Who calls the shots on how many days you end up working in the office? It has gradually dawned on bosses that it isn’t them. The real power holders? The elusive “top talent” that every firm is trying to attract.
Raj Choudhury, an economist from Harvard Business School, argues that throughout history it’s been the most sought-after job candidates who end up shaping what our jobs look like. For instance, in the early ’90s, using email on our phones was a luxury exclusive to CEOs. Soon, however, top talent in companies started demanding it and, as a result, we now can’t escape email.
Today, Choudhury’s spidey-sense is tingling over the demand for extreme flexibility: Top talent doesn’t just want hybrid work, they want to work from wherever they want. “There are two kinds of companies,” Choudhury explains. “One is going to embrace work-from-anywhere, and the second is in denial—I feel those companies will lose their workforce.” He argues that the “companies that are trying to drag back time will lose some of their best talent, and that dynamic will force these companies to catch up.”
This might come as a revelation to workers who are currently experiencing a top-down model of 3/2 in their workplaces. This “three days in, two days out” model was certainly expected to become a norm when we first imagined, during the pandemic, what life would be like after Covid. But since emerging from our bedrooms and kitchen tables we’ve recognized that we’re not at the end of this story—we’re still at the beginning of it. Data by Stanford economist Nick Bloom backs this up: In June 2020, most companies expected employees to be working from home around one and a half days a week, but the subsequent two years have seen the expectation of homeworking go up each successive month—most firms now expect workers to be at home for almost half of the week.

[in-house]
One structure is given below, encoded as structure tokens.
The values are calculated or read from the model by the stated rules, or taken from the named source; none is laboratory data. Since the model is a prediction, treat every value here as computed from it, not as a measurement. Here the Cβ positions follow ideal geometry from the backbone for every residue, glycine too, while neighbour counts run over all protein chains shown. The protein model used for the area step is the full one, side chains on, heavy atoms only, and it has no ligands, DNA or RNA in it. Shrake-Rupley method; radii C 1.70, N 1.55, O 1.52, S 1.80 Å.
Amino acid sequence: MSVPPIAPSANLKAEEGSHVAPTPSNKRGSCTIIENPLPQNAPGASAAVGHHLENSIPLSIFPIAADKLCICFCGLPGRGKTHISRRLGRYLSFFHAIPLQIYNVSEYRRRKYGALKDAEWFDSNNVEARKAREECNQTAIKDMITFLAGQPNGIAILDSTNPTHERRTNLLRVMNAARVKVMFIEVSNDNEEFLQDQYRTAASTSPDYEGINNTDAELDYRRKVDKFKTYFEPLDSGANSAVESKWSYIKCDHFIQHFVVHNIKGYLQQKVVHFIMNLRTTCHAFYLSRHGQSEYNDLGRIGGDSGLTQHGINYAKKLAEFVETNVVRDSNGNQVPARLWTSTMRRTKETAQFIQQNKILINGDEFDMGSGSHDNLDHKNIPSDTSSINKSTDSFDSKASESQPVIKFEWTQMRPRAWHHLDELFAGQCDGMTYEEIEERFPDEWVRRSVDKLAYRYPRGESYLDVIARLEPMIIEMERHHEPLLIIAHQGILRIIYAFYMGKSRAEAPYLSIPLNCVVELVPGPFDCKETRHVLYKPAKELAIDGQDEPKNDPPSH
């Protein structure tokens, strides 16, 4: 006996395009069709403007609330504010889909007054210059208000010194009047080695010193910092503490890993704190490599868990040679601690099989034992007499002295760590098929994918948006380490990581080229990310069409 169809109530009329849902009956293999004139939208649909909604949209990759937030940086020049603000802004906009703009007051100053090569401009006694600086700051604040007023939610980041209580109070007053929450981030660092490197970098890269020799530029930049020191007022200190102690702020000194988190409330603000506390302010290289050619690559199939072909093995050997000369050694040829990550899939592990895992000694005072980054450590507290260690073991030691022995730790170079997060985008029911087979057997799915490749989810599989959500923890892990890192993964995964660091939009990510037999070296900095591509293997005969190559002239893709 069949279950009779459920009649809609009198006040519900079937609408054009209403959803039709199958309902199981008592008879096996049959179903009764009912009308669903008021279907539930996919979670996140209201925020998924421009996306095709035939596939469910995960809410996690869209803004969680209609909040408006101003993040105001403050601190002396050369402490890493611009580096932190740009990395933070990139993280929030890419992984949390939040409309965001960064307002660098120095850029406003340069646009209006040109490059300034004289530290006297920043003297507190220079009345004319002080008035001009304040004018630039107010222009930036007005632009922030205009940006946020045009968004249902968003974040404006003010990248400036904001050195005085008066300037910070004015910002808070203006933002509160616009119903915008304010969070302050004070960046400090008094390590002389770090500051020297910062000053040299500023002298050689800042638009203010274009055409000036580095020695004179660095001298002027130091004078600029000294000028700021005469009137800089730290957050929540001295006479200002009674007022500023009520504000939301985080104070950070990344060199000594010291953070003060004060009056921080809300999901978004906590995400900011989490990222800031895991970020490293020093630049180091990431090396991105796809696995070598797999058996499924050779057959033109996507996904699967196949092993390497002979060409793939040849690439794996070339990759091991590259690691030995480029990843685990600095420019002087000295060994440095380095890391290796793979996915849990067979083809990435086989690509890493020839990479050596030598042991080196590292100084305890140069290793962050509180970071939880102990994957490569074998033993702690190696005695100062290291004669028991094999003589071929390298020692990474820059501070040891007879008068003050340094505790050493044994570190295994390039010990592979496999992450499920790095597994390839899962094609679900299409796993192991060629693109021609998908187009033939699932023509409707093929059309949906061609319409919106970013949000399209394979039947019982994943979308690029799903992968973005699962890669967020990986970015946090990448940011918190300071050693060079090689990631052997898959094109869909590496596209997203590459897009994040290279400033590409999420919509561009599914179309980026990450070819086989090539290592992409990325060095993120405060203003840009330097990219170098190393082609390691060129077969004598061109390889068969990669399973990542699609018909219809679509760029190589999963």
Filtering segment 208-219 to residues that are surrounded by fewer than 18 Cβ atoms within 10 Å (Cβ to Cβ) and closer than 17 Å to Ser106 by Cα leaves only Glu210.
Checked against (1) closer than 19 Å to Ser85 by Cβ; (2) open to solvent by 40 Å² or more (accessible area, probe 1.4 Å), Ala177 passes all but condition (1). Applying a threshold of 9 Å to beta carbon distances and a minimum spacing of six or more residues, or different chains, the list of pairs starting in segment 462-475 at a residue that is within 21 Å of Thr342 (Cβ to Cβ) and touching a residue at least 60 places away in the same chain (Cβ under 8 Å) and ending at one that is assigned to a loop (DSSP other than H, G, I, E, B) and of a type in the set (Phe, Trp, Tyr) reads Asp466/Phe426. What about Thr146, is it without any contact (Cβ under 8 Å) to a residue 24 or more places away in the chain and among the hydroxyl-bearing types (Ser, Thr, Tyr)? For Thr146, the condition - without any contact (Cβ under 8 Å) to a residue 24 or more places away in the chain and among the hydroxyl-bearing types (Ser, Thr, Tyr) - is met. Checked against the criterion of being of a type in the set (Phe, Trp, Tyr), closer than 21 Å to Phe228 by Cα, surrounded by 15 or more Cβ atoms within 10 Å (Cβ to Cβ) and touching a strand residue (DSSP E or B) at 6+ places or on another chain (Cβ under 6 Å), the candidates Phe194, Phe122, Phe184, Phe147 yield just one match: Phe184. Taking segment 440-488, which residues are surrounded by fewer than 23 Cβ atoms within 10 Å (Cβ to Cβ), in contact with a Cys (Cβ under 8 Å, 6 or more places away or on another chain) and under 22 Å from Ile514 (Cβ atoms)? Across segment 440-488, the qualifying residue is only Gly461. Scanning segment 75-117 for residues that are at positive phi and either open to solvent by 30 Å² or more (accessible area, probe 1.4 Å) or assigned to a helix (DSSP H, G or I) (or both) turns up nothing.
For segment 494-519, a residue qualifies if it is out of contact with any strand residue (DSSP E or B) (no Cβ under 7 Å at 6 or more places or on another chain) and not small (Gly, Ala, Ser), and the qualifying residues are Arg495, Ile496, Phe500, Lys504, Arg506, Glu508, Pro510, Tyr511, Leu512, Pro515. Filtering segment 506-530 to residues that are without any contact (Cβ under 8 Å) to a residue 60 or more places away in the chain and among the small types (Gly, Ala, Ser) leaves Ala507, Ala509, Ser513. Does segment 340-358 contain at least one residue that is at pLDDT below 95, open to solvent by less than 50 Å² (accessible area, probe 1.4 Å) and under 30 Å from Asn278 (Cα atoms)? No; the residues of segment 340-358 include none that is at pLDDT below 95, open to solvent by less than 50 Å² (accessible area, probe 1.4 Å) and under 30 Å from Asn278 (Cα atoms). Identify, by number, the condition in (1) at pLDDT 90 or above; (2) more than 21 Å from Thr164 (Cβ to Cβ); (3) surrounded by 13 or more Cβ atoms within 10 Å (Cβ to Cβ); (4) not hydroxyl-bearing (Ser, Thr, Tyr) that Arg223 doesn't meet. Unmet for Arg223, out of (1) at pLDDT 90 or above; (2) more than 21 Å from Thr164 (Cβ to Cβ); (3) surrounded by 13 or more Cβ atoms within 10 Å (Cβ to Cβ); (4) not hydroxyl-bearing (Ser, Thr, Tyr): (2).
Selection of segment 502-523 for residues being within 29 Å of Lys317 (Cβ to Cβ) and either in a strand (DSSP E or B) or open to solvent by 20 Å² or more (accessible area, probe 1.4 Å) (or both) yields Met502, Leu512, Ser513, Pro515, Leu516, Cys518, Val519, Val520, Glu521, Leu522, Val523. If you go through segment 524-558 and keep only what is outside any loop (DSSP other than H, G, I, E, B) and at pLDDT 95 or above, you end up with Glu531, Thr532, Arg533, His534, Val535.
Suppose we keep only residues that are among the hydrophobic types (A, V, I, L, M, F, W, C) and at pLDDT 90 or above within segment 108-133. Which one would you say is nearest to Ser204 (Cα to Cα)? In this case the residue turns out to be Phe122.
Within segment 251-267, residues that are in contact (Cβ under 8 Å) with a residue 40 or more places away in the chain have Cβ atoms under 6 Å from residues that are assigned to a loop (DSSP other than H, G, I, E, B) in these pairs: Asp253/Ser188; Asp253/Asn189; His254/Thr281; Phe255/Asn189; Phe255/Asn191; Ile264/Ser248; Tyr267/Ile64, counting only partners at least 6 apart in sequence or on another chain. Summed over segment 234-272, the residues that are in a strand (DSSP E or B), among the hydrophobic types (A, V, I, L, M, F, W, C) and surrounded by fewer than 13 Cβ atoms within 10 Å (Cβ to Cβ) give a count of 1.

Nimble startup firms have a strong advantage due to this cultural shift. Indeed, in 2023, we will see startups migrate to remote-first. On the other hand, more established firms will be presented with the decision of whether to hang on to expensive real estate and slow-to-evolve managers, or to just dash to chase the new trend.
This will not be an easy transition. For instance, according to a report by workplace research firm Leesman, office-based working has been most popular with one group alone—senior leaders who had their own offices (or private meeting spaces). As a result, in 2023, veteran corporate managers will likely use the economic downturn to do a final attempt of dragging workers back to the office. It’s implausible to imagine that these more traditional managers might be rubbing their hands at the prospect of a short economic slowdown ahead, but using a softer job market as leverage to bring employees back to the office could prove a popular strategy. It might be too late; top talent has already made its mind up. There could be conflict ahead as it resolves itself.